Psychotherapy with children can sometimes present a few more challenges than working with adults. Very young children may have difficulties expressing what is going on in their lives, while older children or adolescents may be more reluctant to talk about their issues.
Finding alternative ways of working with children can therefore be helpful in the therapeutic setting. Symbolic methods of communication tend to be more effective for understanding what children might otherwise be trying to express through acting out behaviors.
Parents of children who have been referred for therapy are often confused about what type of therapy would work best for their child. The following are different types of techniques that are frequently used when working with children:
- Art therapy: This type of therapy utilizes artwork as a means for children to depict family or social dynamics that are occurring in their lives. They are able to demonstrate in picture form how they see themselves in relationship to family members and/or peers. Drawings can be used to open up discussions about problems that are happening at home or elsewhere that may be upsetting for the child.
- Play therapy: Using play as a means of expression can be helpful, especially for young children, who tend to enact through their play any difficulties they may be dealing with. Therapists who utilize play therapy should be well versed in symbolism and able to engage young children in a discussion related to the themes being acted out.
- Sand tray therapy: In this type of therapy, children or adolescents create a scene with various figures or toys in a box or tray filled with sand. The scene generally depicts what is going on for children symbolically on an inner level. After the scene is set, therapists ask the child to explain what he or she has created, which opens up a dialogue regarding the issues going on in the child’s life. This is frequently a good way to engage kids who might otherwise have difficulties articulating the issues they are struggling with.
- Visualization techniques: When children have experienced traumatic events, having them visualize a safe, inner space that they can access at any time can be helpful in their healing process. Therapists using this technique will ask kids to close their eyes and imagine an inner room or happy place where the child feels safe and at peace. The child can then use this method on his or her own when feeling anxious or upset. Please note that in cases where trauma has occurred, the therapist will also need to first make sure the child is no longer in any danger or being abused in any way.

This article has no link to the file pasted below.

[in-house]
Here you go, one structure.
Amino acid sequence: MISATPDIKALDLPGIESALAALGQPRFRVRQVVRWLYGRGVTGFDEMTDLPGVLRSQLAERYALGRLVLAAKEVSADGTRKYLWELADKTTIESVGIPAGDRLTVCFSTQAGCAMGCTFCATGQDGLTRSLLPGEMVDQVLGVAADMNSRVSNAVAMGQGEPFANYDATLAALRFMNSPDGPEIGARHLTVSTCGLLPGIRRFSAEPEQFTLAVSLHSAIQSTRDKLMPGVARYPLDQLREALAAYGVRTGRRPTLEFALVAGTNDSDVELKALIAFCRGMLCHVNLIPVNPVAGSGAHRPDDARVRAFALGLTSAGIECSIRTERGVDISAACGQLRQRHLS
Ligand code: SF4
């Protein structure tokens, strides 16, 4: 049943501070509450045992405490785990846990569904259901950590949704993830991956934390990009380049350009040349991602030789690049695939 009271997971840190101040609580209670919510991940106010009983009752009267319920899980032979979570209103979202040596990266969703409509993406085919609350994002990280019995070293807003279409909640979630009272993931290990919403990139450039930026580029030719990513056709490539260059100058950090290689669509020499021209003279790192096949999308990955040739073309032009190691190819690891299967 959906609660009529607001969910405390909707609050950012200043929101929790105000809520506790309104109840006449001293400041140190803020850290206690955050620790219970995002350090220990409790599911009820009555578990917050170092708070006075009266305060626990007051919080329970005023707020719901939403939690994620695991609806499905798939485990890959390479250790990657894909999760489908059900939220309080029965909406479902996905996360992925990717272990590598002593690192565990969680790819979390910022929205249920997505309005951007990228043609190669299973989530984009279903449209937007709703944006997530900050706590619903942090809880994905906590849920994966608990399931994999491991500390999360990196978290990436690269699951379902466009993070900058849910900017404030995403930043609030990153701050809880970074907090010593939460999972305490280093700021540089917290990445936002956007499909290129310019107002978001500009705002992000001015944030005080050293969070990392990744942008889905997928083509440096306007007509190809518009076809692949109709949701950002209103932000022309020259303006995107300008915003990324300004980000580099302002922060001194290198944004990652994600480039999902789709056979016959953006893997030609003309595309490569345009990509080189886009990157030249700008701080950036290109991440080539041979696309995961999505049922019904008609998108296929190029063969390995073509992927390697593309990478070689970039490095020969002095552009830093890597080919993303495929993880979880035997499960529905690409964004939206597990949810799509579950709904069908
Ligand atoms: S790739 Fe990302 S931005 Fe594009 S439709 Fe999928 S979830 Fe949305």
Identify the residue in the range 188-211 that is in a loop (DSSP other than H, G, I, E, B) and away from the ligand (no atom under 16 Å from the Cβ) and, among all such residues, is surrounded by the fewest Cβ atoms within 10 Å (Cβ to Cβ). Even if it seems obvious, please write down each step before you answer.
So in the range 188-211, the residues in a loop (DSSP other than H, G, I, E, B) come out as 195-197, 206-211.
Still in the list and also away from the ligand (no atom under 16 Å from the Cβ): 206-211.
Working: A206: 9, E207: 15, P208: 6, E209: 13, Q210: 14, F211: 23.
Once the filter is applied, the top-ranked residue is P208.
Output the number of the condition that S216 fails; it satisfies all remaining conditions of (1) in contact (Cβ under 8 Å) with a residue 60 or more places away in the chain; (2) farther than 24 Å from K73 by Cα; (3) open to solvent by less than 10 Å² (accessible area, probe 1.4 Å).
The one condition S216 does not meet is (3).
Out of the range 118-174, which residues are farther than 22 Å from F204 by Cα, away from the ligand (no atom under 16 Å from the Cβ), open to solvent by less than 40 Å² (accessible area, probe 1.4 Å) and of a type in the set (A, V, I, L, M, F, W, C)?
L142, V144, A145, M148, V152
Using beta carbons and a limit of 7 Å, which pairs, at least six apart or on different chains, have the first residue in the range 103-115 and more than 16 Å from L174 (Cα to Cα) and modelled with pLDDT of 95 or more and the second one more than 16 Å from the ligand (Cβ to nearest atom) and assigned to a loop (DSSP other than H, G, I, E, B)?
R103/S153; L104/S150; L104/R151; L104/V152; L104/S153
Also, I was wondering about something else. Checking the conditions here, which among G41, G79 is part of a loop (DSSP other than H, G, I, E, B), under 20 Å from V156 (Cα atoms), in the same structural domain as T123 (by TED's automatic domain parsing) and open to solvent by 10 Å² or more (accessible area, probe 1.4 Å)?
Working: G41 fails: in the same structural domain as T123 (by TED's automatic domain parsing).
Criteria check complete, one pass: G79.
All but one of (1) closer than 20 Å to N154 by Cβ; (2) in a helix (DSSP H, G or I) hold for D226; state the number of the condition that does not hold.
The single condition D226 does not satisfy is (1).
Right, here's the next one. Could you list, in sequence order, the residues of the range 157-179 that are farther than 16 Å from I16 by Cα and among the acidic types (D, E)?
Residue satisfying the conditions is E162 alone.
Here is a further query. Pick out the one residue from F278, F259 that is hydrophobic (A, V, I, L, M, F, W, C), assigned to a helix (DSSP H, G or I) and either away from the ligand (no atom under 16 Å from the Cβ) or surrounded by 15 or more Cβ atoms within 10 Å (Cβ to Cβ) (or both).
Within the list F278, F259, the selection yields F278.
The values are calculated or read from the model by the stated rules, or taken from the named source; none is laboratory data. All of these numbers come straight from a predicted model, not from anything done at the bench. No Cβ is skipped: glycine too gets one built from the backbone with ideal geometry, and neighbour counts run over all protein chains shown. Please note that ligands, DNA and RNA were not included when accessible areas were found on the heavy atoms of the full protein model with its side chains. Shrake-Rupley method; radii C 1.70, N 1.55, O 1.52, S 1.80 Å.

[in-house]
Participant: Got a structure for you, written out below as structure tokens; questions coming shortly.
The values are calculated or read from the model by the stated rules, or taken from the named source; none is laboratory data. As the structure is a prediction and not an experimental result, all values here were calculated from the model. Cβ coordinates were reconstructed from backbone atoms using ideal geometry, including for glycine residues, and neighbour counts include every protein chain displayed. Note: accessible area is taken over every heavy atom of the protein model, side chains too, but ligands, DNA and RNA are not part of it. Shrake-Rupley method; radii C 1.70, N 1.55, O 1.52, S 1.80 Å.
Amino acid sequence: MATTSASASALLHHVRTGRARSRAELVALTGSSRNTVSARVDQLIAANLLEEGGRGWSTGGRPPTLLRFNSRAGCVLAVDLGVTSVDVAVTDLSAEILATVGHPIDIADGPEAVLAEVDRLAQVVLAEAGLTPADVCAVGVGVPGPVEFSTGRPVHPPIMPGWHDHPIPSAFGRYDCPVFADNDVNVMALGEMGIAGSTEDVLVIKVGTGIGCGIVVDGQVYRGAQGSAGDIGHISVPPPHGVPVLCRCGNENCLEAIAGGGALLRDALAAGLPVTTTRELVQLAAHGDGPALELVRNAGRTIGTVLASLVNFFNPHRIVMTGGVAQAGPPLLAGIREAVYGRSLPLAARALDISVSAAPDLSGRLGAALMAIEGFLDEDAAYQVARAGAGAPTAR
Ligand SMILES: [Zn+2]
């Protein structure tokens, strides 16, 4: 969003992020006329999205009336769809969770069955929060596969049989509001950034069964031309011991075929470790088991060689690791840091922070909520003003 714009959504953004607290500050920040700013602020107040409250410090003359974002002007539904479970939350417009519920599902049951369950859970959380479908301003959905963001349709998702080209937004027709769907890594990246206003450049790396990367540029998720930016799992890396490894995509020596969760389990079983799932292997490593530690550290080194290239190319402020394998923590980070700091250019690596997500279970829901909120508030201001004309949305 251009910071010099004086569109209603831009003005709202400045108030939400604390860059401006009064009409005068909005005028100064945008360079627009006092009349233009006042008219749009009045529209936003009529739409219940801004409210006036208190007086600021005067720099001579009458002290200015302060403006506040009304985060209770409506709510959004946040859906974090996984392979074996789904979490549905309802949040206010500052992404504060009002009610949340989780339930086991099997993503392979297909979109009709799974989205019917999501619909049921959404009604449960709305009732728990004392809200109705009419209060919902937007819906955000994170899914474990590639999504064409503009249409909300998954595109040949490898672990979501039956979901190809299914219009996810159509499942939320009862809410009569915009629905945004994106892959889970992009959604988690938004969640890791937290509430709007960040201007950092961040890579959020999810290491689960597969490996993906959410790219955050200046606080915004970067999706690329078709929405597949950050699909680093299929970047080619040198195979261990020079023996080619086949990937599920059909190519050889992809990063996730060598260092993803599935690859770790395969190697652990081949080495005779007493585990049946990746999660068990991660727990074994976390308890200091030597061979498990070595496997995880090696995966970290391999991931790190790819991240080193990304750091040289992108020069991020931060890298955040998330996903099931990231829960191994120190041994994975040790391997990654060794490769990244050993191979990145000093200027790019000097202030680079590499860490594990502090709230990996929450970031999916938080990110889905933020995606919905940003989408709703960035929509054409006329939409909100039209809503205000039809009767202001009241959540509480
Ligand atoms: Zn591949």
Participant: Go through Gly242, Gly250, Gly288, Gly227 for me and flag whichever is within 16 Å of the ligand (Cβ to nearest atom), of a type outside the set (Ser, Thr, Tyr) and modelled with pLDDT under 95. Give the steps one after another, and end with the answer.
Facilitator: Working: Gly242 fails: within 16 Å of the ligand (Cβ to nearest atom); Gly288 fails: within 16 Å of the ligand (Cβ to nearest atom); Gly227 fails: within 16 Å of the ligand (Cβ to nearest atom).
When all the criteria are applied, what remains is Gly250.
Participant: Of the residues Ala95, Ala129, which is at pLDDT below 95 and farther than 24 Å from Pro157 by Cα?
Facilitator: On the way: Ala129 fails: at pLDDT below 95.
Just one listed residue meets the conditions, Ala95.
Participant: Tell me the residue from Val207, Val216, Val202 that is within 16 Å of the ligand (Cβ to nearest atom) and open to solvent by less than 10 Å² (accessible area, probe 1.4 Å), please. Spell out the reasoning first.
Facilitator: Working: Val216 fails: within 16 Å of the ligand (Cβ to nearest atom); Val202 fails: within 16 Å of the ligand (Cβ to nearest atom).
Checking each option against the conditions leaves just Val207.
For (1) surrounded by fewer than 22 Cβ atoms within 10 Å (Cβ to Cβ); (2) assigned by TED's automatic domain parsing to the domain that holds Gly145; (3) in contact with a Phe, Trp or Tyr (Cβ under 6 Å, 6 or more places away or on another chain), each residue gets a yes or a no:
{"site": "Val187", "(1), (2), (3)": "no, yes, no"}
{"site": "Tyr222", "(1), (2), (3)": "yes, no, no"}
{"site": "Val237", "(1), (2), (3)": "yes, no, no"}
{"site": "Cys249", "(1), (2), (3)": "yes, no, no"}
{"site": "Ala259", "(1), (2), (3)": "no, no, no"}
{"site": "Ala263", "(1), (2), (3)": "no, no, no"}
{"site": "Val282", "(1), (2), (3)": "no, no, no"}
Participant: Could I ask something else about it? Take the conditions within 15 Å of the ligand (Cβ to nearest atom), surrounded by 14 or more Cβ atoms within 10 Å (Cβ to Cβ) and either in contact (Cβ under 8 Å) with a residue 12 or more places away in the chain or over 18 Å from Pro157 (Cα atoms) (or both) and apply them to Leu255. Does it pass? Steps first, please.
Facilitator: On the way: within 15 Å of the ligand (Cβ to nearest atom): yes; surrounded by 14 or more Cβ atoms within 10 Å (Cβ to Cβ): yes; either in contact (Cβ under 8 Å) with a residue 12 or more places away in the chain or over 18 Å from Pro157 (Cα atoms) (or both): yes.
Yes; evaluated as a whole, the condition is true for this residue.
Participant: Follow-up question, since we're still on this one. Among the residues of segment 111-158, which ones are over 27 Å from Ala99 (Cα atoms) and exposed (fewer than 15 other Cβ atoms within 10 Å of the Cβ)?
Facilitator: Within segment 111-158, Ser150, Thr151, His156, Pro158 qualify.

- Talk therapy: Combining talk therapy with other modalities, such as art therapy or sand tray therapy, can be very effective with teens, especially when they are otherwise reluctant to open up about their problems.
- Family therapy: Including the parents and/or other family members in therapy can be helpful when working with children. Children tend to be very sensitive to others’ emotions and can react to tension between parents or other family members through acting out behaviors. Their actions can sometimes diffuse the tension and divert the focus from the real source of the problem to themselves. Resolving any family difficulties can therefore be critical in making lasting changes within the family system. Even when the problem is not in the home, including family members in the child’s therapy can be extremely beneficial.
Whatever therapeutic modality you choose for your child, make sure you find a therapist who has experience working with children. Some psychotherapists work exclusively with adults. Others work only with adolescents or children above a certain age, so you should ask about the therapist’s expertise in working with children who are your child’s age. The therapist should also have experience with various therapeutic modalities that are effective with children, and understand the developmental stage of your child and the symbolism inherent in his or her play.
Initiating therapy for your child may feel a little scary, but the rewards can be considerable.
© Copyright 2015 GoodTherapy.org. All rights reserved. Permission to publish granted by Wendy Salazar, MFT, therapist in San Diego, California
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